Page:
What’s the crowning achievement in an author’s career, if not being invited to a reading and signing of your book at a well-known bookstore?
Selling a million copies, you might say. Or really, just several thousand.
But as no sudden appearance on the bestseller list was forthcoming, I was wildly thrilled, if also a bit nervous, about the bookstore invitation a few weeks ago. Though you might say that “invitation” is a big word. I feel like I more or less muscled my way into the door at Parnassus Books* in Nashville, a bookstore well-known for being one of the last bastions of independence vis-a-vis the market might of Amazon.com.
I have some well-connected friends, it turns out, who know people who in turn know people who make decisions at Parnassus, and so I nicely asked (read: begged, pleaded, and cajoled) them to put in a good word for me. It eventually succeeded, and I was offered a mid-September date for my book signing event, if I agreed to promote it widely.
So I set out to keep up my end of the bargain. I invited (and begged, pleaded, and cajoled) friends, acquaintances, and book clubs. I advertised the date on Facebook and Twitter and my blog. I put the word out on our neighborhood website. I put up some flyers in coffee shops and an outdoor store. (Note: getting permission to put up flyers anywhere in this country is akin to being vetted for political office, with the notable exception of Starbucks – thank you Starbucks!) I even sent out a press release, a personal first.
As the date inched closer, I prepped for the night. Made a chart, wrote notes for my speech. Put together a slide show of pictures, in case I ran out of things to say. Trial-read passages in the quiet of my study, feeling utterly silly. Made a list of things to bring, including wine, a bottle opener, and my reading glasses. I was above all grateful to have remembered the reading glasses. Oh, and books. What a disaster if I had forgotten the actual books!
Thanks to a strong showing of a group of loyal friends* and avid readers (the ones without kids on the soccer field or volleyball court that night), the evening was a success. And not only that, it was an evening of culinary delights, thanks, again, to my friends who not only showed up but showed up with food in their arms.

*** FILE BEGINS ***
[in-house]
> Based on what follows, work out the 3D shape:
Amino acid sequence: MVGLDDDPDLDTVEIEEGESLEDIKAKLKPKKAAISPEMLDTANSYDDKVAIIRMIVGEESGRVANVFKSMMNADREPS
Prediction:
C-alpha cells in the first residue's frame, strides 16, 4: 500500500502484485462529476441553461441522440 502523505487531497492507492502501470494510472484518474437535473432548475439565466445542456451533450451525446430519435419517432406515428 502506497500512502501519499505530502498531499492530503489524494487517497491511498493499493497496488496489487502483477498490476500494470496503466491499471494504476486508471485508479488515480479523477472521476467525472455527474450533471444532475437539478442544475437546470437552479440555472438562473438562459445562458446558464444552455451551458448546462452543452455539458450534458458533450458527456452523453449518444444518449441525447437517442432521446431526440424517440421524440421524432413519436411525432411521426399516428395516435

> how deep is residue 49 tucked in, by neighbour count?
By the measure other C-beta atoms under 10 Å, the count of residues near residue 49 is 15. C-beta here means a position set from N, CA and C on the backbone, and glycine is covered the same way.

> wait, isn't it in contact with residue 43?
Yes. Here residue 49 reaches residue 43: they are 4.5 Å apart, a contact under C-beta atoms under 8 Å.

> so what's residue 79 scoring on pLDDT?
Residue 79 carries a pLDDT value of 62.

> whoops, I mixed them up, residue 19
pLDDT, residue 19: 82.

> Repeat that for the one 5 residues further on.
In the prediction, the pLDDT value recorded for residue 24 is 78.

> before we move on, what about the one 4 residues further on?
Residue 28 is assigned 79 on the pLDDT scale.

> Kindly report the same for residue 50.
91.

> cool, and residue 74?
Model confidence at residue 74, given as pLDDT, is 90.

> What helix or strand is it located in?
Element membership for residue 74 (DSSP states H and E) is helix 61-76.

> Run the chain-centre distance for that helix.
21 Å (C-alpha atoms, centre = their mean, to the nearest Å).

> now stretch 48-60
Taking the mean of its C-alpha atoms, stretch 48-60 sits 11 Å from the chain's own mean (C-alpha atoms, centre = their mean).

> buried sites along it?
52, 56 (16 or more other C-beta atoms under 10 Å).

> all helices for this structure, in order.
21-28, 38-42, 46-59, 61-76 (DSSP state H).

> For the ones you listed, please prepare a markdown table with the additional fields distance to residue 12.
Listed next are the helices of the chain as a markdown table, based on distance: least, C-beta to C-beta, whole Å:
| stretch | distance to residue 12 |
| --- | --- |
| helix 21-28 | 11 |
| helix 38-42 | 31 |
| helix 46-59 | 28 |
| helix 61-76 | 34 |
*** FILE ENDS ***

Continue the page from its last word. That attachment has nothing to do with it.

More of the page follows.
We opened wine (not enough, as I regretfully noticed afterwards when packing up the unopened bottles I’d had no time to open in the midst of it all).
We talked about how I wrote the book, and how the writing experience mirrored the climbing experience, which of course is the subject of my book.
I read some excerpts from it.
And, most glorious moment of all, I sat down to sign copies. It was just like I’d experienced from the other end: People would step up to me, a store assistant would hand me a book, already opened to the right page, I would chat briefly and sign, and the book would be expertly whisked away and replaced by a new one while the line moved on.
Except mine was only about 20 people long, not snaking around the building like at a Bill Bryson event.
Some people brought me pictures of their loved ones on the summit of Kilimanjaro, who of course are the ones who can most relate to my story. I found this endearing. Although it makes me equally happy when people who’ve never done any mountain climbing in their lives tell me that they felt they were with me every step of the way, saying it is written so vividly.
I had a great evening. I’ve heard of authors of national renown who’ve had an audience of three people at the same venue, so I’m very grateful that mine made a respectable showing.
It doesn’t look like I’ll go on a grand book tour barnstorming across the country anytime soon. But it was fun playing in the Big Leagues for just one night.
* Thank you to Parnassus Books to give an unknown local author like me this opportunity. Thanks to Sonja Walsh for documenting the evening in such wonderful fashion with her camera; all pictures in this post are hers. And thank you for my wonderful friends for supporting me.
** Copies of Kilimanjaro Diaries (including a few remaining signed ones) are available from Parnassus Books here.